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You can access this
clinical trial
if you have
Sleep Deprivation or Obesity
and you are
between 20 and 49
years old
The phase for this study is not defined.
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The purpose

The goal of this proposed research is to test the hypothesis that long-term mild sleep restriction (SR), as occurs frequently in adults and adolescents, leads to a positive energy balance and weight gain. Aim 1. To determine the effects of SR, relative to habitual sleep (HS), on food choice and energy intake (EI) in adults at risk of obesity. - Hypothesis 1a. EI, assessed by multiple weekly 24-hour recalls, will be greater during a period of SR relative to HS. This will be mostly due to increased fat and carbohydrate intakes. - Hypothesis 1b. Neuronal responses to food stimuli, assessed by functional MRI (fMRI) after 6 weeks of SR or HS, will indicate increased activity in networks associated with reward and food valuation (insula, orbitofrontal cortex) during a period of SR relative to HS. These responses will be correlated with intakes of high carbohydrate and high fat foods (hypothesis 1a) and neuropeptide Y (NPY). Moreover, activation of the default mode network (DMN) will be suppressed to a lesser extent after SR compared to HS. Aim 2. To determine the effects of SR, relative to HS, on energy expenditure (EE) via independent and complementary approaches. - Hypothesis 2a. EE, assessed by doubly-labeled water (DLW), and physical activity level, monitored daily by actigraphy, will be lower during SR relative to HS. - Hypothesis 2b. Brown adipose tissue (BAT), assessed by positron emission tomography and magnetic resonance combined scanner (PET/MR) using 18F-fluorodeoxyglucose (18FDG-PET) and fat fraction (FF) measurement under cold stimulation, will be greater after SR relative to HS. This would suggest higher adaptive thermogenesis after SR compared to HS. BAT activation will also be correlated with NPY. Aim 3. To determine whether SR alters body weight and adiposity relative to HS. - Hypothesis 3a. SR will lead to weight gain and increased total adiposity, as assessed using magnetic resonance imaging (MRI), relative to HS. - Hypothesis 3b. Increased adiposity after SR will be correlated to an adverse cardio-metabolic risk profile (increased glucose, insulin, triglycerides, leptin, reduced high-density lipoprotein cholesterol and adiponectin) and neuronal responses to food stimuli (Hypothesis 1b), and EE (Hypothesis 2a & 2b). Failure to stimulate BAT with SR will be associated with greater gain in adiposity.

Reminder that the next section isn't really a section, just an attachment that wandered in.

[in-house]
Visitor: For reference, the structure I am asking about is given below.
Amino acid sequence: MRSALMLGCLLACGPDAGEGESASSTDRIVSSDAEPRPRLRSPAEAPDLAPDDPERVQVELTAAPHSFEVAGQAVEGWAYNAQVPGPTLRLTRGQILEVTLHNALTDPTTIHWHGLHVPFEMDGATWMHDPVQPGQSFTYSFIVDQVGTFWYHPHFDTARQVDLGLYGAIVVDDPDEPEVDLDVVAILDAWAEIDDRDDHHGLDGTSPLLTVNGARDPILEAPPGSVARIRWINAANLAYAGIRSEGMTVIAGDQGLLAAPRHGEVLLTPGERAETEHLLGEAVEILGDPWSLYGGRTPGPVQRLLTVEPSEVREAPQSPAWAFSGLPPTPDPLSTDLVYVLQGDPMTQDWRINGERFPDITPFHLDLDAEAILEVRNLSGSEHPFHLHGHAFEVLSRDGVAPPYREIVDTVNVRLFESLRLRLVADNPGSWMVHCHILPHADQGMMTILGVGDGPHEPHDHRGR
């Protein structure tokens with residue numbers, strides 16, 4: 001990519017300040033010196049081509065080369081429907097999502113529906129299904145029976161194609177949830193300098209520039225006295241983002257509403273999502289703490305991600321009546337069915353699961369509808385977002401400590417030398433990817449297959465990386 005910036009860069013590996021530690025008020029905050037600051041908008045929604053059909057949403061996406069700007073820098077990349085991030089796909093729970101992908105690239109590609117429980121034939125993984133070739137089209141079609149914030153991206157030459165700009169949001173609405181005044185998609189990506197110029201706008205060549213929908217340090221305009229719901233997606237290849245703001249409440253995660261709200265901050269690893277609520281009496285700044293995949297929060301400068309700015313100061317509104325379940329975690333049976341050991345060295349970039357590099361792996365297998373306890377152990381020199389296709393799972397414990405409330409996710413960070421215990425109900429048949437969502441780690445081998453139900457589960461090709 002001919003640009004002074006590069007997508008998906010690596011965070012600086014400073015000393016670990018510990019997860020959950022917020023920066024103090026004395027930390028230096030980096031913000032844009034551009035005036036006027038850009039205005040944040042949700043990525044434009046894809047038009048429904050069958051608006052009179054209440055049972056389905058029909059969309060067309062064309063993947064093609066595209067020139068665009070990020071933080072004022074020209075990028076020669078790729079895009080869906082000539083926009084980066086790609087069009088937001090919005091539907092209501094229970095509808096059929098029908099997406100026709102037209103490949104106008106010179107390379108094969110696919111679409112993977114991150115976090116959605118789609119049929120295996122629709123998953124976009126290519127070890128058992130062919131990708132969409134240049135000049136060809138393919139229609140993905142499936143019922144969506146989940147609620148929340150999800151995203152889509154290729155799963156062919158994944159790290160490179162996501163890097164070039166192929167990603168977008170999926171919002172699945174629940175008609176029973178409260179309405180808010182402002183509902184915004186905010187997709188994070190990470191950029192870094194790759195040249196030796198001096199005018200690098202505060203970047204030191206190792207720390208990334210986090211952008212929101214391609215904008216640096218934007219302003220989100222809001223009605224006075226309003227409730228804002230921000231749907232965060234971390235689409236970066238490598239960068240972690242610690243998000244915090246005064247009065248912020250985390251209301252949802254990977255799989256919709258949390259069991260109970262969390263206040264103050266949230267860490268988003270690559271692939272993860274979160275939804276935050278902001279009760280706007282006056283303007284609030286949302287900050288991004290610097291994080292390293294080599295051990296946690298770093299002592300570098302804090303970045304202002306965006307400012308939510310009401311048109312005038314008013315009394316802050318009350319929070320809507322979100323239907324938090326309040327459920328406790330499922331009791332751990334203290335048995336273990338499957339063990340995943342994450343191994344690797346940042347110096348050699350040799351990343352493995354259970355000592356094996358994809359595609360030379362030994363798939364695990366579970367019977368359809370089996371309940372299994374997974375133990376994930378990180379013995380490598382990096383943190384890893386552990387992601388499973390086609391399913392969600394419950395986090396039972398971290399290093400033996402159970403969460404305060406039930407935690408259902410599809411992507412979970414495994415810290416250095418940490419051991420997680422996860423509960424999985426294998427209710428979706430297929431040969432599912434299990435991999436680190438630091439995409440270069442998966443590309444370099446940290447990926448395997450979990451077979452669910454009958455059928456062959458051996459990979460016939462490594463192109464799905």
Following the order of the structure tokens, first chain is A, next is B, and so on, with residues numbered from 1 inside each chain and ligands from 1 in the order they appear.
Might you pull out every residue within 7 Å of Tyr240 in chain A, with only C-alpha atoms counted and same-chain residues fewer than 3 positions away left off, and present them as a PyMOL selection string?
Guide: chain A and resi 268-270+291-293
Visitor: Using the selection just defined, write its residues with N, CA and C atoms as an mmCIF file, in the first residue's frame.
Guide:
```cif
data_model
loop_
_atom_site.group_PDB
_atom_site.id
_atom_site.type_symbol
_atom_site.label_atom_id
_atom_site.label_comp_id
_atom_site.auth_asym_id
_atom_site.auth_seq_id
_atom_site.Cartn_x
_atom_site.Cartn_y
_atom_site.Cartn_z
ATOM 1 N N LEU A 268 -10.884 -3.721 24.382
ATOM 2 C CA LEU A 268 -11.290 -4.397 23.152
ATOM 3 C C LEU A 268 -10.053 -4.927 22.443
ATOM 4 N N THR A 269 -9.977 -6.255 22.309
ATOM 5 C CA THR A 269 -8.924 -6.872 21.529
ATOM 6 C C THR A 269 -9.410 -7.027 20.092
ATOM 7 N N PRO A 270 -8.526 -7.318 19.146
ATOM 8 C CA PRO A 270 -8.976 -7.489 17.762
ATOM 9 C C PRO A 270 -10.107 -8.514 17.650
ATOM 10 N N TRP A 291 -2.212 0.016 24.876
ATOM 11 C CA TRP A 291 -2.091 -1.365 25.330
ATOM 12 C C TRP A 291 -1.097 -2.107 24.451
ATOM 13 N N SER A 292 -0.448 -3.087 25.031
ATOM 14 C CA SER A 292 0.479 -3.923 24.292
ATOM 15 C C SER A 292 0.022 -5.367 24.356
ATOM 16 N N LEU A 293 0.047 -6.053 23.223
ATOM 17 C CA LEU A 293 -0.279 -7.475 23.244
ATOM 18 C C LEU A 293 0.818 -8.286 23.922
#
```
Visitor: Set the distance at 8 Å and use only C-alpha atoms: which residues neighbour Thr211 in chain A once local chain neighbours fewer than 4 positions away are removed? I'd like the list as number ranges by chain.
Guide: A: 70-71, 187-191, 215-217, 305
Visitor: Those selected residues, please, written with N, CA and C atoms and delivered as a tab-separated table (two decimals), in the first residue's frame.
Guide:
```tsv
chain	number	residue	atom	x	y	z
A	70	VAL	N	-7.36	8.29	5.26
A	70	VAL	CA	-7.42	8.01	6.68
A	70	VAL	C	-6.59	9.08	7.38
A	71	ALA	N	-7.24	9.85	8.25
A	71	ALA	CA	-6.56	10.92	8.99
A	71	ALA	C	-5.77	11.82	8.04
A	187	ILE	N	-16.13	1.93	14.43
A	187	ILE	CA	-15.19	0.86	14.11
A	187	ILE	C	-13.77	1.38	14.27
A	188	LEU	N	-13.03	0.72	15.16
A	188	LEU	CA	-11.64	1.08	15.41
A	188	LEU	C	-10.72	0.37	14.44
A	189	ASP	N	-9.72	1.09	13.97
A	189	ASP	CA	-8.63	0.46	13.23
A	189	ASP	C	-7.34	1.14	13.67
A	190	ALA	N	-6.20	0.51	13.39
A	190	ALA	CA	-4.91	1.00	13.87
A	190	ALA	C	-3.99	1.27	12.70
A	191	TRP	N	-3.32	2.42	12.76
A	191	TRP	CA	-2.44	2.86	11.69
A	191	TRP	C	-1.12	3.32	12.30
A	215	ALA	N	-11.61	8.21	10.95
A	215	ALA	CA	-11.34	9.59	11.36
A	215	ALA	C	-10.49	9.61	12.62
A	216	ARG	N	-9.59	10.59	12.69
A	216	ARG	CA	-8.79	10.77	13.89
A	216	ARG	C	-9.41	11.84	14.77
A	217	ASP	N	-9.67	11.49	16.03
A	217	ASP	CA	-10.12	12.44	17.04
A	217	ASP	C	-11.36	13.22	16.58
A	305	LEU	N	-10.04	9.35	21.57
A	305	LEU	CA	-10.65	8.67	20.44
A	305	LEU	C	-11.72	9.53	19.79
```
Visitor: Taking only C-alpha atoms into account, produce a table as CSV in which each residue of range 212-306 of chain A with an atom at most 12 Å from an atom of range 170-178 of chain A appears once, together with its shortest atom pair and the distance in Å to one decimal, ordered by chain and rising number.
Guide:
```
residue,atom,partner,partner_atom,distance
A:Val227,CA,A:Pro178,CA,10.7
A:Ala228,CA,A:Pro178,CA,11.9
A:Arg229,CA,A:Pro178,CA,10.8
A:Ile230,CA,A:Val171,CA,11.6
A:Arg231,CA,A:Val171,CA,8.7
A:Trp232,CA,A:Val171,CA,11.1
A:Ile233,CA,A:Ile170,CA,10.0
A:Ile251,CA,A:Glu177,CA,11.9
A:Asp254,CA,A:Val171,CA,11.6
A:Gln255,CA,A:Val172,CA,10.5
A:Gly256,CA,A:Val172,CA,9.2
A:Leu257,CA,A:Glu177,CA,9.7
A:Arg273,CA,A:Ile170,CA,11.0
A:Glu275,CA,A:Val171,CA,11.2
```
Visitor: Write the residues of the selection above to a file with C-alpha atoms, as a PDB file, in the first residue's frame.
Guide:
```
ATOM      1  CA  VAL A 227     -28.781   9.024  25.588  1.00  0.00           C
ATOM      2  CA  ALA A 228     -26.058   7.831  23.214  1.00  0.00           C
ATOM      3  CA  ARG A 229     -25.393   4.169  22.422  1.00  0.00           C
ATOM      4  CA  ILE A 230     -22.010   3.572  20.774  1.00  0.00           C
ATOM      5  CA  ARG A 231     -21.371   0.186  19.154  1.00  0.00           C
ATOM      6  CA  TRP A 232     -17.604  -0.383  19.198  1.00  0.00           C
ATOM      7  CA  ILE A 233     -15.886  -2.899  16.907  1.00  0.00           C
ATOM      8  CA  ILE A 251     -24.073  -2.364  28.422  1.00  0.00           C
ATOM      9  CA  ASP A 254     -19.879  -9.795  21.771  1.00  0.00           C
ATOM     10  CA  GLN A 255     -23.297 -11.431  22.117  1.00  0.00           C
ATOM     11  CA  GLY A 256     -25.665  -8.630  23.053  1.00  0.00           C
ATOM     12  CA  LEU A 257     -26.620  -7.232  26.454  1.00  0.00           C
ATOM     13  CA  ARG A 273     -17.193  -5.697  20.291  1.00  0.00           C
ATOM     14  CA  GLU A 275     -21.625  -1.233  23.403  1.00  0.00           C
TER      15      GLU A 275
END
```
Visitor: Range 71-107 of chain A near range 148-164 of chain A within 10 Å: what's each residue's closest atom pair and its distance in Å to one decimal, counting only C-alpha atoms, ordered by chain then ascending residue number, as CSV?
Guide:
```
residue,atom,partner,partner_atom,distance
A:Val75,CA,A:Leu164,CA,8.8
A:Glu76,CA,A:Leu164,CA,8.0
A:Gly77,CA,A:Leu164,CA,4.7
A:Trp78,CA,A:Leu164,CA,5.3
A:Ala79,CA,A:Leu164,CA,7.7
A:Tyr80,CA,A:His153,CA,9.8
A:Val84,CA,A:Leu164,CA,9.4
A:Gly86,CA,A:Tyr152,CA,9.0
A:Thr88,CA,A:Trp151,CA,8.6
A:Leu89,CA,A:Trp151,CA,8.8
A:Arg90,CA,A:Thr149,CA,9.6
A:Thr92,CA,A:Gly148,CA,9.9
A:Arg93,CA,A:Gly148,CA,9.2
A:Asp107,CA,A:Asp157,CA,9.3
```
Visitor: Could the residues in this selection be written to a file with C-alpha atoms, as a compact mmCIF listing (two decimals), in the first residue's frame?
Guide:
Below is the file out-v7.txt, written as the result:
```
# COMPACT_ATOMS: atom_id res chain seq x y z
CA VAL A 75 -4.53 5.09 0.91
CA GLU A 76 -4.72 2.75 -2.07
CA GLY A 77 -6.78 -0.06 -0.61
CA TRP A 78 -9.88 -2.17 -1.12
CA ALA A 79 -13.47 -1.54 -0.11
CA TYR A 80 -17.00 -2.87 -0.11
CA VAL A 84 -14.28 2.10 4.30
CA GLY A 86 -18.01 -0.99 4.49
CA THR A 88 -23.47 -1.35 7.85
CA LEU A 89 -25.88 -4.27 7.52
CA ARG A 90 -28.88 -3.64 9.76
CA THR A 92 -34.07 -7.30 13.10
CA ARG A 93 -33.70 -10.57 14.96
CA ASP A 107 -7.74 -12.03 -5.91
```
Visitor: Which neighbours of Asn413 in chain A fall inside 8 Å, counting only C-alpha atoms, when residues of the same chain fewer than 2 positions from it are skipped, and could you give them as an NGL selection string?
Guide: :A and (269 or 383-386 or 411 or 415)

Provided treatments

  • Behavioral: Partial Sleep Restriction
  • Behavioral: Total Sleep Deprivation
  • Behavioral: Habitual Sleep
Tris trial is registered with FDA with number: NCT02770118. The sponsor of the trial is Columbia University and it is looking for 4 volunteers for the current phase.
Official trial title:
Effects of Sleep Restriction on BAT Activation in Humans